Scene Three –The Spaceship

The PCs can find the crash site now; a circular ship – think classic flying saucer design – has crashed here, and is clearly damaged. As they explore the bridge, it is clearly of alien design – there are no life support systems, and there are no signs of the robots that crewed it – they must be around the area. The doors have been brutally jury-rigged to seal them by the Venusians – it is a +3 (Good) overcome action from Craft or, a +4 (Great) Physique or Shoot to get them open – failure leads to a 3-stress explosion. Inspecting the mechanism finds that it is of American design – it’s a Bush Mk II Grenade.

Aspects: Geometry not meant for 3D people; Remnants of defence systemsBigger inside than outside – or is it smaller?

The main bridge is deserted and has clearly been for some time. They can find the state-issued insignia of their Martian comrades here, along with traces of blood which shows this is where they were attacked.

The computer core is where the geometrists, Arz Vangodal, is currently hiding. There are powerful sensors that would be able to find their comrades, and a loose CCTV -type system which Arz uses to understand the actions on the bridge, but they will have to unlock it.

This is a Contest of whichever players attempt to hack the system against Arz.

Arz Vangodal has the standard Geometrist profile from p33 – his most important skills are Will +7 (which he will use to defend against any attempt to persuade him to let them access the systems) and Craft +4 (which he uses to try and stop any attempts to hack his systems)

As soon as the contest begins, a group of security robots arrive and attack. Two arrive in each exchange until they are defeated or the area is hacked. They show evidence of self-repair from the jungle around; Arz’ ship is able to do this as well once the core is online, something that Arz has not noticed yet.

Security Robots: Fair (+2) Shoot, Average (+1) Notice; Weapon: 1

This is likely to play out as a parallel contest / conflict with some PCs attempting to hack the core while others fight off the robots.
                                                       

Scene Four: Captured!

As they are dispatching (or being defeated by) the robots, a Venusian patrol happens upon them, alerted by Bannon’s monitoring of them. They speak through awkwardly-translated voices (with American accents) that the PCs must surrender and come with them – if they want to see their friends alive. One of them carries a crackly monitor showing the three Martians at gunpoint, to reinforce this threat.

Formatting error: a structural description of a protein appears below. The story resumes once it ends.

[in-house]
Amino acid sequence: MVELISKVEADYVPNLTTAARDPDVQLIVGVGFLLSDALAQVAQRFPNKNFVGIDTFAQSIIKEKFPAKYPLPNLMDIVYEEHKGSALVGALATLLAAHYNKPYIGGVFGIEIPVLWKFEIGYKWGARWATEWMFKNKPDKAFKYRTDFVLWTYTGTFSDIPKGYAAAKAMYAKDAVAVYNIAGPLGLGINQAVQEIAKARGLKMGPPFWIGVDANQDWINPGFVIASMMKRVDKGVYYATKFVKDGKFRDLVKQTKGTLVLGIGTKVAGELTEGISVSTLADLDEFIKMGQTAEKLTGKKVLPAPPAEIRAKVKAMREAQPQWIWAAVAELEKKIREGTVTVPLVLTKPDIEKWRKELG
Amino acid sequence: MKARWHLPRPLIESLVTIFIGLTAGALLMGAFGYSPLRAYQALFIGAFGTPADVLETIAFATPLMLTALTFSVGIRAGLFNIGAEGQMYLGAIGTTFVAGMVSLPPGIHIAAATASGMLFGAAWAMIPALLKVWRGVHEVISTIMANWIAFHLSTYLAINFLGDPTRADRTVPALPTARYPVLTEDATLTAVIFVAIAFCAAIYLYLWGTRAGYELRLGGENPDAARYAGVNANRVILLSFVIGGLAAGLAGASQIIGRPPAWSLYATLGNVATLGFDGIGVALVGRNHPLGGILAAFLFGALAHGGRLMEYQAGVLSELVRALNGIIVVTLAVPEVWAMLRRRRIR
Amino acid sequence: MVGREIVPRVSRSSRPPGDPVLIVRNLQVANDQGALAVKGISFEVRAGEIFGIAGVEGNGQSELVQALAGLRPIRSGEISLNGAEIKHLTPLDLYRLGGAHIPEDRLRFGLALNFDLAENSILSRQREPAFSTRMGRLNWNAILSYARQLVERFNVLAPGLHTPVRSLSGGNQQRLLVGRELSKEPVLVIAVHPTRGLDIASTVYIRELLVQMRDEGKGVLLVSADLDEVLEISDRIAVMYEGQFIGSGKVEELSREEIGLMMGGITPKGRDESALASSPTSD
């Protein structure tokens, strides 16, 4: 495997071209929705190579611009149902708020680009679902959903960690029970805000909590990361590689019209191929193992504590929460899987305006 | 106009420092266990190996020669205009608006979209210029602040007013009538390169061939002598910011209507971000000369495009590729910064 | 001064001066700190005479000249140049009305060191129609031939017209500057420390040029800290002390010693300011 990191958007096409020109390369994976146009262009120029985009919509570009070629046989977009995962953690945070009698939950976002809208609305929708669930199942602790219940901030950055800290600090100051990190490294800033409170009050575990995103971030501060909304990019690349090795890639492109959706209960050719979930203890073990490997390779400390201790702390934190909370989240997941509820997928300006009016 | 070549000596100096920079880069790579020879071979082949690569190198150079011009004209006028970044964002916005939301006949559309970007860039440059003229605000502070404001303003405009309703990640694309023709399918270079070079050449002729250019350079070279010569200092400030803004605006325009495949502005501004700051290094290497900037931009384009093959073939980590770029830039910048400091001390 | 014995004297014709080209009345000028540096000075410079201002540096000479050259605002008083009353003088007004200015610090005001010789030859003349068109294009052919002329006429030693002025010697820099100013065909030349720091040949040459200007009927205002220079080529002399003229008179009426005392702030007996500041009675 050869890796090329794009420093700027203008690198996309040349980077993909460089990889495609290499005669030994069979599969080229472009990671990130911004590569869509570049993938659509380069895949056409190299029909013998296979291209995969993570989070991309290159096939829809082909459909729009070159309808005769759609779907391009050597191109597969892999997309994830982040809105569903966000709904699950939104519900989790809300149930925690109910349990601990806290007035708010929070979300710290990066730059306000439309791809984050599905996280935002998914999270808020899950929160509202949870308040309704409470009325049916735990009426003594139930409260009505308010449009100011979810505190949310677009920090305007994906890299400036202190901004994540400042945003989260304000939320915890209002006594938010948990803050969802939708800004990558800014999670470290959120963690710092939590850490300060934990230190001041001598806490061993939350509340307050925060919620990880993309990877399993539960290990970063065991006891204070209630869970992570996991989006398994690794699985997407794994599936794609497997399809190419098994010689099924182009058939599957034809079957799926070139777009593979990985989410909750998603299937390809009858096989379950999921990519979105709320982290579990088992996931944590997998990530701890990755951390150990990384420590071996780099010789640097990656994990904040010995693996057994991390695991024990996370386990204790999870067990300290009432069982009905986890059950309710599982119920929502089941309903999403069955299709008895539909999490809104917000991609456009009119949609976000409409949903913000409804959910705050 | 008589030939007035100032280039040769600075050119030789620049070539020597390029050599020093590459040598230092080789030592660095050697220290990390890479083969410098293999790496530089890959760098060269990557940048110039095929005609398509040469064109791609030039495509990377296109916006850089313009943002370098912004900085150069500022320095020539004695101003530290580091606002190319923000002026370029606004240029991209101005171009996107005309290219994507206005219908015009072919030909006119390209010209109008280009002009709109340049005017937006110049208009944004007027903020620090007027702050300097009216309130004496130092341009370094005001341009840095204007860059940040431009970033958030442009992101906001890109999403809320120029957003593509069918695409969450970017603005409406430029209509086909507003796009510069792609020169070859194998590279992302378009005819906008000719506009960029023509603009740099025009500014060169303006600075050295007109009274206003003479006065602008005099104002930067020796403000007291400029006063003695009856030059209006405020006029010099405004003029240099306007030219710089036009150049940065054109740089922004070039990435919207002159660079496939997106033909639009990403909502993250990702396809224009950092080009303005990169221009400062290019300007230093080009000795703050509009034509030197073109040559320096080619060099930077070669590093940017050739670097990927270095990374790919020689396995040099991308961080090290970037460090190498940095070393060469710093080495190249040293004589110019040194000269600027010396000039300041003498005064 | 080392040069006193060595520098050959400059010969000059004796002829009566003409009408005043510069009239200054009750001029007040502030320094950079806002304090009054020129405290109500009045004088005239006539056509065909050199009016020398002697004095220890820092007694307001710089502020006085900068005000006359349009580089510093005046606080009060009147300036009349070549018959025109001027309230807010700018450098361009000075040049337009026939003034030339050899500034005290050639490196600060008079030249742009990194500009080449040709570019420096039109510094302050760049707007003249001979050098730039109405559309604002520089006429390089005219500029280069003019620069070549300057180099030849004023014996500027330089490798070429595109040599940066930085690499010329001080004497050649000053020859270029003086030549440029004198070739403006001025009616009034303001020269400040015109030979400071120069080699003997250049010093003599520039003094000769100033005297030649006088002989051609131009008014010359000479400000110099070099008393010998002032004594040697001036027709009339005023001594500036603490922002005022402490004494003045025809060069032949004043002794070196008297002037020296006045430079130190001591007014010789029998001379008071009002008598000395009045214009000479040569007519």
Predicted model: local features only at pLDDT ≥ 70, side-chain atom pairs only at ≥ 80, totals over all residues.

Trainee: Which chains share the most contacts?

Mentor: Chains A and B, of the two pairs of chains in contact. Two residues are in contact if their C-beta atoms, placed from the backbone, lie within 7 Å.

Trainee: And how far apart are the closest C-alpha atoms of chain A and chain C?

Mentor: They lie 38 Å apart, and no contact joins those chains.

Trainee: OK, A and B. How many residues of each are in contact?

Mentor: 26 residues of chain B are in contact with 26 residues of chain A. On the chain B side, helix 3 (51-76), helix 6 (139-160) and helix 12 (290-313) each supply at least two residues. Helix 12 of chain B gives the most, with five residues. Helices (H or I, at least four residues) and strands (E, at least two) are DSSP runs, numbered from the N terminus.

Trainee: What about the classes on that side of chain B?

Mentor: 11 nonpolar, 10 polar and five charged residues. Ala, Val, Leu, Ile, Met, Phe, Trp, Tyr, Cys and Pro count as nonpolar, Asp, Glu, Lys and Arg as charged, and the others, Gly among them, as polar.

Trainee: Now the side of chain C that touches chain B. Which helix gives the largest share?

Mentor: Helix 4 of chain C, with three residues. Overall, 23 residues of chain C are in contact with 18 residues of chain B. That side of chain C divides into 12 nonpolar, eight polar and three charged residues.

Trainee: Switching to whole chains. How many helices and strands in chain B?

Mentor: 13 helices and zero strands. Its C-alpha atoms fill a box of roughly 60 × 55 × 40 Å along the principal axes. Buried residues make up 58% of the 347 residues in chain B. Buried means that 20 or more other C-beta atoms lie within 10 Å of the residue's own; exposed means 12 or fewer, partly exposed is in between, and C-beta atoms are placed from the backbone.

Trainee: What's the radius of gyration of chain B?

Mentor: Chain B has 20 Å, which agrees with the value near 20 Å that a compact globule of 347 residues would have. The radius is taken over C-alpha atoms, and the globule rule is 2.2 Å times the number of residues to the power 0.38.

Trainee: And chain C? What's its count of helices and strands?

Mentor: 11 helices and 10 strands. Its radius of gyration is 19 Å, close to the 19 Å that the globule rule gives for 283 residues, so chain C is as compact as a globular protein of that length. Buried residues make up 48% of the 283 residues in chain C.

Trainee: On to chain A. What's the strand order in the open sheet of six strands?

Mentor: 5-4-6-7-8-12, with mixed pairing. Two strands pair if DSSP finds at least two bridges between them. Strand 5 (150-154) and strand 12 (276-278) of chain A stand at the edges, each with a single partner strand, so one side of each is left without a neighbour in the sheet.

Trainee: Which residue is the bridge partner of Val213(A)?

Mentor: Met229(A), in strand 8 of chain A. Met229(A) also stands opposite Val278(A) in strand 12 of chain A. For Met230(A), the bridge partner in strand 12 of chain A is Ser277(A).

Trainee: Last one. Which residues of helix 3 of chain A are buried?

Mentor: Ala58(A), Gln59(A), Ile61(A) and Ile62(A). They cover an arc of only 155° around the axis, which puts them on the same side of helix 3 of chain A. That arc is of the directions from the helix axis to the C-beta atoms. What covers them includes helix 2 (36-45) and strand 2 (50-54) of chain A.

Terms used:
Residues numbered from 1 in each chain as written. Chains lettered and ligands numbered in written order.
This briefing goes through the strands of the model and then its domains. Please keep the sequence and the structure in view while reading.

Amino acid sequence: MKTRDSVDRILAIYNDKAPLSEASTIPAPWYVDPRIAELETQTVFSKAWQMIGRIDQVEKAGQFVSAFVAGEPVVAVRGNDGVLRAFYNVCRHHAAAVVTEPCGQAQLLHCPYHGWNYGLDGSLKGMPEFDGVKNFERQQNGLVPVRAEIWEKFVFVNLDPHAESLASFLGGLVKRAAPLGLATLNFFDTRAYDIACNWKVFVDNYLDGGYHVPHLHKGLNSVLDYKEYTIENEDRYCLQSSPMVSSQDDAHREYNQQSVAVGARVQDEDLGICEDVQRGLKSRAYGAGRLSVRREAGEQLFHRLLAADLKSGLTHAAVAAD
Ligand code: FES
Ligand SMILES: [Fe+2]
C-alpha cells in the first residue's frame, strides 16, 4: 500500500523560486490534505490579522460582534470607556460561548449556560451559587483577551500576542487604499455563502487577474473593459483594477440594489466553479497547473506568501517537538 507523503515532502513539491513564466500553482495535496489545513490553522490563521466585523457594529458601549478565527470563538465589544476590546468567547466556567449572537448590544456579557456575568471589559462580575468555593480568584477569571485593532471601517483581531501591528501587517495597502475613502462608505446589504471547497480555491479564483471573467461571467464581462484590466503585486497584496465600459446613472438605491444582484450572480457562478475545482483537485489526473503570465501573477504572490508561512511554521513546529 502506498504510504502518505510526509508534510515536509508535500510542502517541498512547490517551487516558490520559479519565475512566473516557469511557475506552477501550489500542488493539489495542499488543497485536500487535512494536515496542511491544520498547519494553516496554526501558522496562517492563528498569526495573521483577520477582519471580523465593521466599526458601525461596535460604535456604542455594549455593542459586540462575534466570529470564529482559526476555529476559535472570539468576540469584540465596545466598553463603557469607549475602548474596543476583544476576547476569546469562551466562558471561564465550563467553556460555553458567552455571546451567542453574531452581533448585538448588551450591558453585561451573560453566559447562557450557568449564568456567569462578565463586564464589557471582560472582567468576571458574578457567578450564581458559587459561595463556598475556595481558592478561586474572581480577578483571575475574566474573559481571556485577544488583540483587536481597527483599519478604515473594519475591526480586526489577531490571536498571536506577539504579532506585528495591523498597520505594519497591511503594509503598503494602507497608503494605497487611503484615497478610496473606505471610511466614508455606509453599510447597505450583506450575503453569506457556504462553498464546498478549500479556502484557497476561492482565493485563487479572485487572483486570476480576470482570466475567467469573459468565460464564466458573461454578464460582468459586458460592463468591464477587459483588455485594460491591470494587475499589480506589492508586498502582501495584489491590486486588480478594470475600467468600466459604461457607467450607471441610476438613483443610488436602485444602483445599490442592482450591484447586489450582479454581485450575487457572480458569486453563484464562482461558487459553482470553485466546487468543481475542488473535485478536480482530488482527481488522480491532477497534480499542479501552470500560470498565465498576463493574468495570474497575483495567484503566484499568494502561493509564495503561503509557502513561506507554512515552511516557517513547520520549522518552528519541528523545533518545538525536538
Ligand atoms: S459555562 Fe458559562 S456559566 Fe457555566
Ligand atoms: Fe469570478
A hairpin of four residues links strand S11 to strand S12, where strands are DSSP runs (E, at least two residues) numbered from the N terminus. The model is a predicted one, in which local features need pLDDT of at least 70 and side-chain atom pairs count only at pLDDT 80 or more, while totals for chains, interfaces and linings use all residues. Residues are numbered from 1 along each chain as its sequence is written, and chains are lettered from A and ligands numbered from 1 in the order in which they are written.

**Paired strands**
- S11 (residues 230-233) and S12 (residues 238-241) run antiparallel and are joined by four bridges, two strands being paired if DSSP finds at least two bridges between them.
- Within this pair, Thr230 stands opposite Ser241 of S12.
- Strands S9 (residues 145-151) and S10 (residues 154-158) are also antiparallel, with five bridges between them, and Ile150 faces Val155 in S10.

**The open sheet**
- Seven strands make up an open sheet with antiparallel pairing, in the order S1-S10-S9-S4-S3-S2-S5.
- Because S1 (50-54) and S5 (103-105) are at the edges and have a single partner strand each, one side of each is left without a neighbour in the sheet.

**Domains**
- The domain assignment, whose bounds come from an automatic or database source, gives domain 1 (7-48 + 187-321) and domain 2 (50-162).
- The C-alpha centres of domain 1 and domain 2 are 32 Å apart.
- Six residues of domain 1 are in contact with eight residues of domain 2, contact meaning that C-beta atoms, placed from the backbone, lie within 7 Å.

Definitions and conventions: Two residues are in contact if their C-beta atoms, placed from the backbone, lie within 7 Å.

If they succeeded in bringing the core online, Bannon herself appears – and thanks the PCs for helping her to hack the system.

“This will prove very useful for the President and our ambitions on Venus – I guess you commies must be good for something! All that free education and healthcare you waste your money on I guess!”

As the PCs are having to concede, they each earn 1 fate point, plus 1 for each consequence they took in the conflict, as they are taken to the Venusian village.

Scene Five: An Audience With Trotsky IV

As they arrive in the village, they are taken to Yath, who explains the situation; he has all three members of Trotsky IV, but he needs to give them to the Americans or they will destroy his village. He has seen the technology they have, and that they will stop at nothing to get what they want. He is a formal and careful leader – but it is obvious that he is uncomfortable with the deal with the Americans. He takes the PCs out to see his men working in the jungles, distilling spirits from the Fly-Traps “A technique the Americans have already given my people,” they pass Venusians feasting on chocolate bars and drinking Bud.He speaks to  The Americans have armed his people well, he tells them – and he should be able to conquer the surrounding villages with the arms and armour he has.

As they do this, they see Venusians bringing the parts of the spaceship back, along with robot parts that are being deactivated.

They can meet Trotsky IV, who tell them, separately, that there is no hope – the Americans have a strong force here – their best hope is to try and escape.

Scene Six: Finale

There are a few options for the PCs to resolve this. It should be obvious that the Venusians are ripe for conversion – use the rules on p25 of Red Planet for this. As they turn the Venusians against their forces, they might also have an ally in Arz to trigger his robots.

It is expected that the start of this scene will be a Conversion roll to get the Venusian village on side, but other options are a Contest to sneak out of the village – use Yath’s Great (+4) Village Leader to oppose this. On a failed attempt, Yath won’t fight them himself, but he’ll use his alarm to alert Bannon, and they must fight both his village guards and Bannon.

As they do this, Vladlen’s treachery will trigger – as they see him communicate to Bannon what is happening, and a force of Americans attack!

Sarah Bannon: American spy
Aspects: Veteran American Spy; Carries a torch for Vladlen Krupin; For Mom and Apple Pie!; Deadeye Shot; Exploit the Exploitable
Skills: Fantastic (+6) Shoot, Deceive; Superb (+5) Athletics, Fight, Physique; Great (+4) Investigate, Notice, Will
Stunts: Mook Shield – spend a fate point to divert an attack to a nearby GI; No Taste for Personal Danger – +2 to create an advantage with Athletics by diving behind cover
Stress: Physical  Mental 
Mild (2):